Nixon, Jackson or Trump: Who Is America's Most Chaotic President?

Nixon, Jackson or Trump: Who Is America's Most Chaotic President?
Nixon, Jackson or Trump: Who Is America's Most Chaotic President?

Poll Results

Trump: 31%
Jackson: 34%
Nixon: 35%
Since the January inauguration, the White House seems to on a rollercoaster ride plagued by infighting, firings, resignations and the dark cloud of Russia. In terms of pure chaos, the Trump Administration may rival the two most controversial in American history — Richard Nixon and Andrew Jackson.

Richard “Tricky Dick” Nixon

Ranked among the most controversial of the modern era, Pres. Richard Milhous Nixon was widely unpopular and ultimately resigned over the siege of allegations related to the Watergate break-in.
Historians consider Pres. Nixon a paranoid politician who wielded power against anyone he considered an enemy. Tricky Dick went as far as to set up a clandestine group called the “White House Plumbers,” tasked with stopping leakers. Sound familiar? This covert group reportedly went as far as to break into an opponent’s psychiatrist’s office and steal records.
The group branched into CREEP, “Committee to Re-Elect the President,” employing “dirty tricks” to undermine opponents. They went as far as to release dossier-like information, fake news and steal people’s shoes.
The Watergate scandal and cover up be might likened to Russian hackers or meeting with foreign entities to gain “opposition research.” Most people just call that “dirt.” Watergate played out much like today’s Russia investigations in the media. As evidence mounted, Nixon unleashed the “Saturday Night Massacre,” firing U.S. Attorney General Elliot Richardson and deputy A.G. William Ruckleshaus. The move rings similar to the firing of FBI director James Comey and the social media pressure Trump regularly heaps on Jeff Sessions. Pres. Nixon weaved a tangled web that ultimately ended in a pardon. Sound familiar?

Andrew “Badass” Jackson

Founder of the Democratic Party, Pres. Andrew Jackson was a successful military general elected on a campaign that promised to fight for the “common man” against a corrupt American “aristocracy.” In many ways, it was a lot like Pres. Trump’s “forgotten men and women” advocacy to Make America Great Again and “drain the swamp.” Jackson ran the meanest, dirtiest and most ruthless campaign in political history to earn victory over heavy favorite John Quincy Adams. Sound familiar?
Jackson’s inauguration was held March 4, 1829, and is considered the wildest, most raucous such party in history. A drunken mob comprised of supporters and opponents clashed and nearly destroyed the presidential home. Jackson was forced to flee the premises. An angry mob even stomped cheese into the president’s rug to make the home stink. His abrasive personality and reputation as a “badass” willing to fight or duel anyone earned him populist favor and disdain from elites. Hmm.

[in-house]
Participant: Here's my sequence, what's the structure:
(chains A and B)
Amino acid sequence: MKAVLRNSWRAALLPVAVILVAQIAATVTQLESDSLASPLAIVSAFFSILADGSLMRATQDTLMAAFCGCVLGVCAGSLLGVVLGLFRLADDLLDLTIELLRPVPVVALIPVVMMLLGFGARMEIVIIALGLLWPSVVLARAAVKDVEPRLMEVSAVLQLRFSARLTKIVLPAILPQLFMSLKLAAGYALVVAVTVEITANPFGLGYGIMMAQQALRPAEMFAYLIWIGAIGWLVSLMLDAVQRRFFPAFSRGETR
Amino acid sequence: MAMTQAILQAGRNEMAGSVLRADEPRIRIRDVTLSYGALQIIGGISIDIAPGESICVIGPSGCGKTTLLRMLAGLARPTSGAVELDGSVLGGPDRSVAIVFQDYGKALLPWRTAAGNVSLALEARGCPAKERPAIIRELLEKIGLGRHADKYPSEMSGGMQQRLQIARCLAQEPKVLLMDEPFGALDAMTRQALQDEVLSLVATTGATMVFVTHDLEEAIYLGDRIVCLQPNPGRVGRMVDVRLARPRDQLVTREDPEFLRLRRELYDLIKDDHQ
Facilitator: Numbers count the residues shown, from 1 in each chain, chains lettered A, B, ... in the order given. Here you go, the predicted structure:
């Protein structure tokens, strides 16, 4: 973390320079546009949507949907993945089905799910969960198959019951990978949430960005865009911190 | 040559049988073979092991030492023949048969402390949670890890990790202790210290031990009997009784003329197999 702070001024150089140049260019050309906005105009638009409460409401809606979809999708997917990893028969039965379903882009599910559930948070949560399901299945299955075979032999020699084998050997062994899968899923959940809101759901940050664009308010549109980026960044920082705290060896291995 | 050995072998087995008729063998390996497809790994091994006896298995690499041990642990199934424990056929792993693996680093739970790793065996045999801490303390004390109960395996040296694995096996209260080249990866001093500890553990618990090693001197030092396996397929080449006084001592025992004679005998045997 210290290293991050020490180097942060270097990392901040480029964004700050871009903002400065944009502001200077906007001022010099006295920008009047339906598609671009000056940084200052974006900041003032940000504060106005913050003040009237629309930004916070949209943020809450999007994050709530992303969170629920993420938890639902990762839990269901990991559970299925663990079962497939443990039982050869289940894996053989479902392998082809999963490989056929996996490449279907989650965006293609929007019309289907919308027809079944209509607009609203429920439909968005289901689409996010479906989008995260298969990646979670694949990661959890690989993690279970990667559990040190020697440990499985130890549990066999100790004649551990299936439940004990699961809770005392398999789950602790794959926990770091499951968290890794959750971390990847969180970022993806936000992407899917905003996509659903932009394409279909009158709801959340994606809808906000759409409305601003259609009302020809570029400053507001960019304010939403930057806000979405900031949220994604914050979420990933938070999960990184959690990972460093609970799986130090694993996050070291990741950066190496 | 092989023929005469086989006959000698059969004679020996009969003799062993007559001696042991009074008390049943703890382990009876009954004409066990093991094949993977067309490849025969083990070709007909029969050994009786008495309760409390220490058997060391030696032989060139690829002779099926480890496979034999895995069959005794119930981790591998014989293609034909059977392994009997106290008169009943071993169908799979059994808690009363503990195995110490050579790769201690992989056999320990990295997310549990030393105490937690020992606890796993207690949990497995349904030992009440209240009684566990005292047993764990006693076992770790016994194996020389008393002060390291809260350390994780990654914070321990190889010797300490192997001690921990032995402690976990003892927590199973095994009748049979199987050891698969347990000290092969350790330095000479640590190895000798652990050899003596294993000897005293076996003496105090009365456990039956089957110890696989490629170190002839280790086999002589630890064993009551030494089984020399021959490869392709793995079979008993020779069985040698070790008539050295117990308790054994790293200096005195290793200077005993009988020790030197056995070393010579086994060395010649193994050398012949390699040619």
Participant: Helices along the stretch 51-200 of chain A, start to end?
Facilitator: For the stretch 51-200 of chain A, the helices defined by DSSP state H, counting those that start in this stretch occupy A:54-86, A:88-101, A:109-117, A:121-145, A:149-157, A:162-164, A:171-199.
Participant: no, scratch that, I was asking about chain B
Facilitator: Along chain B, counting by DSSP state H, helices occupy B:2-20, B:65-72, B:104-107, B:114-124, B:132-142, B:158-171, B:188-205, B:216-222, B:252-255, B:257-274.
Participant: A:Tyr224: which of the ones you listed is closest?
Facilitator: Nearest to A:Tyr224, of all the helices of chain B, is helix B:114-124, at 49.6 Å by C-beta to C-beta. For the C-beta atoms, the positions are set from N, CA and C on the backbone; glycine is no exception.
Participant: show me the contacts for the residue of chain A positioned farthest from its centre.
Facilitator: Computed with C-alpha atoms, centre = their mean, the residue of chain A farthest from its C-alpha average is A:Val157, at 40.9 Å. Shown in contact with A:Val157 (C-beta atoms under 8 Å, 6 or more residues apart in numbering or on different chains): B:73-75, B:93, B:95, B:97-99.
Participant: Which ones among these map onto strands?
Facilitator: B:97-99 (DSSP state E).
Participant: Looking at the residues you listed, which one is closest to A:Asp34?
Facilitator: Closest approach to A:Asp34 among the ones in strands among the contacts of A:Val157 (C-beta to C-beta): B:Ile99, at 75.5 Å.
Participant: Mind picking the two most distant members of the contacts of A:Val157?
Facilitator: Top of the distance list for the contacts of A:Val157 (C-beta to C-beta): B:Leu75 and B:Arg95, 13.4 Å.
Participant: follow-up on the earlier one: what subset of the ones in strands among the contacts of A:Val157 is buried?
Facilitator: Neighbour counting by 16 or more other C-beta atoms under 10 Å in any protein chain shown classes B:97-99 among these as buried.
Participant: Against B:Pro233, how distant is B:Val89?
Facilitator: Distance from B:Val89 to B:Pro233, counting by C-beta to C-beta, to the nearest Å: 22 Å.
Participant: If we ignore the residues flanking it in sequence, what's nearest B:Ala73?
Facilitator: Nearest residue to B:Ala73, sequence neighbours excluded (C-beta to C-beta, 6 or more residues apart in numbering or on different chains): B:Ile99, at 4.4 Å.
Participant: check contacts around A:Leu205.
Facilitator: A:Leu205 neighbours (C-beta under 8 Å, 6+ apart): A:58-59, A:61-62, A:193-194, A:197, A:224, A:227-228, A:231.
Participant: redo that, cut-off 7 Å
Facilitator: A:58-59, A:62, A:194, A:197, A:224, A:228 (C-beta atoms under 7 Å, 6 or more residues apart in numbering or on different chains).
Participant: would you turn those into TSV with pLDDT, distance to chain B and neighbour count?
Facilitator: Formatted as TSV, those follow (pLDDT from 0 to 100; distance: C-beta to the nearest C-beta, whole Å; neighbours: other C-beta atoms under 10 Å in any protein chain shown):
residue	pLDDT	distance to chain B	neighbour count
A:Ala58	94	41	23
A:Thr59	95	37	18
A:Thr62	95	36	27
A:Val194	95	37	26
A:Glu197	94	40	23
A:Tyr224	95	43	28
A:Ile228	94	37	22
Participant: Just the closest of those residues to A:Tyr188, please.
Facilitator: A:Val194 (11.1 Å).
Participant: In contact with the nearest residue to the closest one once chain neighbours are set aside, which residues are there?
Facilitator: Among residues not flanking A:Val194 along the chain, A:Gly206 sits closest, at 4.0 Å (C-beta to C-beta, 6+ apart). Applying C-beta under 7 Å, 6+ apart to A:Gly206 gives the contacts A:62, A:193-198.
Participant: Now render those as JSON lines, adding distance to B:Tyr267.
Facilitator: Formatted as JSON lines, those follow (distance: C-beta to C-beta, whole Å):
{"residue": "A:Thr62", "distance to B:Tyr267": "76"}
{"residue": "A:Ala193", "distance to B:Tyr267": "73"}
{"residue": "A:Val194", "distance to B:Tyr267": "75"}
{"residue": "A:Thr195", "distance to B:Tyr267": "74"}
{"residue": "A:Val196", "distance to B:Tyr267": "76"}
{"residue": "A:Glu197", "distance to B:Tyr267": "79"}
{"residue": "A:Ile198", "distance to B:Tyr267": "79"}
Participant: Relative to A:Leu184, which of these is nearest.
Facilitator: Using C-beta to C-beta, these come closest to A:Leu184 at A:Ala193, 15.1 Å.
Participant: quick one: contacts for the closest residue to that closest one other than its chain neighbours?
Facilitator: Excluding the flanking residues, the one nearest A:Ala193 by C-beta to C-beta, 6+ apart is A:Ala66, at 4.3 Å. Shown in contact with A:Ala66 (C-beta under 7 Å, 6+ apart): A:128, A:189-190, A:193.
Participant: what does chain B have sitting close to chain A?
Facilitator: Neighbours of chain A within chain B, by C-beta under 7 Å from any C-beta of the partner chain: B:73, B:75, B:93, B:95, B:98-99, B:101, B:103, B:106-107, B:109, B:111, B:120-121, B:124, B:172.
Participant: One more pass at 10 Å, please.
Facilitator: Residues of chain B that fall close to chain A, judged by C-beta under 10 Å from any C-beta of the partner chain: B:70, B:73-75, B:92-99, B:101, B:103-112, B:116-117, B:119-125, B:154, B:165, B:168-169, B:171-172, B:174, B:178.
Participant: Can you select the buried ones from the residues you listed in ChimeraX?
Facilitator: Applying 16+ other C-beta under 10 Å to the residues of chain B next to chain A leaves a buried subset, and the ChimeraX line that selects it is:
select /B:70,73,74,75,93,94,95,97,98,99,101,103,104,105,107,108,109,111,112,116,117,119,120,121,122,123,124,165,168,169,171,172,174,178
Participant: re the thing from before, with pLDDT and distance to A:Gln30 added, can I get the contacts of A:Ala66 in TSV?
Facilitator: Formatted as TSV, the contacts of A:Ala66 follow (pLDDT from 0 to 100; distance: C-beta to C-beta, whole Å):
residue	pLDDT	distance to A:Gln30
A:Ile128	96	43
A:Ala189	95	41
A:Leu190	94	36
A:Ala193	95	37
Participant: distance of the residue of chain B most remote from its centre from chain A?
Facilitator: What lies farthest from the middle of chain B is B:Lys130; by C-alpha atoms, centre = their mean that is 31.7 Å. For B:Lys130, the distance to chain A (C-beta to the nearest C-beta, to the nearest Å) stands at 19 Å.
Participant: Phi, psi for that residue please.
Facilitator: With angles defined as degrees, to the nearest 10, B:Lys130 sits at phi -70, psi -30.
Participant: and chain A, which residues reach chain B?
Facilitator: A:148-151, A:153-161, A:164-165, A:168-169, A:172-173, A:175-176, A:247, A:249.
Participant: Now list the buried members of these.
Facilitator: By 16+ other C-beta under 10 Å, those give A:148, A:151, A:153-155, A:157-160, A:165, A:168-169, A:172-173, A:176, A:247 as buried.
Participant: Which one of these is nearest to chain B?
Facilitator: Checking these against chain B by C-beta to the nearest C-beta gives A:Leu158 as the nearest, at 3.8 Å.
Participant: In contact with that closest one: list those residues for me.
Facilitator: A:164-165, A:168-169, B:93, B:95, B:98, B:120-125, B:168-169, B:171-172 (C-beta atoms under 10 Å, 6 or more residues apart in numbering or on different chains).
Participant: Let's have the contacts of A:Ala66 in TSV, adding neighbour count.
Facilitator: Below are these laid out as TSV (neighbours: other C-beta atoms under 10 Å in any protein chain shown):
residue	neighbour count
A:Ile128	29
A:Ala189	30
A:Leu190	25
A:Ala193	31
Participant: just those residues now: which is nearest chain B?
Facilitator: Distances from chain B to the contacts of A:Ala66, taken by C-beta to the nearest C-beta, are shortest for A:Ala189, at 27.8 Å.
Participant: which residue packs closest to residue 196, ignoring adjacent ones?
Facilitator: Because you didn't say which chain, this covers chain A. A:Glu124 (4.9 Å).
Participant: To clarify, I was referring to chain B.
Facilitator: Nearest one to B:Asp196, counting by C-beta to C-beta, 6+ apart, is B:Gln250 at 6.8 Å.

Donald “The Apprentice” Trump

The upset of nominee Hillary Clinton sent Democrats into an unforeseen upheaval that has prompted widespread excuses for the loss and an “obstruct” and “resist” policy focused on tripping Pres. Donald J. Trump at every turn. There’s no doubt that the administration faces an uphill battle across the board. But, they haven’t exactly done themselves any favors in terms of public perception.
The Trump presidency certainly has echoes of his most controversial predecessors. From the viscous campaign that belittled senators such “Little Marco” Rubio, impugned Ted Cruz’ family lineage and nicknamed Democratic opponents “Crooked Hillary,” “Nasty Woman,” and Sen. Elizabeth Warren “Pocahontas,” the hateful rhetoric flowed freely. The nine or more Russia investigations may never yield an actual crime, but they hover like a dark “Watergate-esque” cloud over the administration that obstructs any semblance of a positive message in the mainstream media.
Beyond the external struggles and constant security leaks, the real-life internal feuds between son-in-law Jared Kushner and cabinet members, resignations by Press Secretary Sean Spicer, Chief of Staff Reince Priebus and profanity-tinged character assassinations by new communications director Anthony “The Mooch” Scaramucci give Americans the impression that White House is one big WWE Royal Rumble. That only seems fitting given a Trump-CNN body slam meme went viral.
Given the impact of fake news, social media and Pres. Trump’s disinterest in decorum or acting all “presidential,” it appears chaos is Trump’s brand and he’s sticking with it. But, don’t assume it’s an ineffective approach. In fact, the method of “confuse, distract and attack” is one of the most effective fighting styles because you never see it coming. Trump may be on to something here.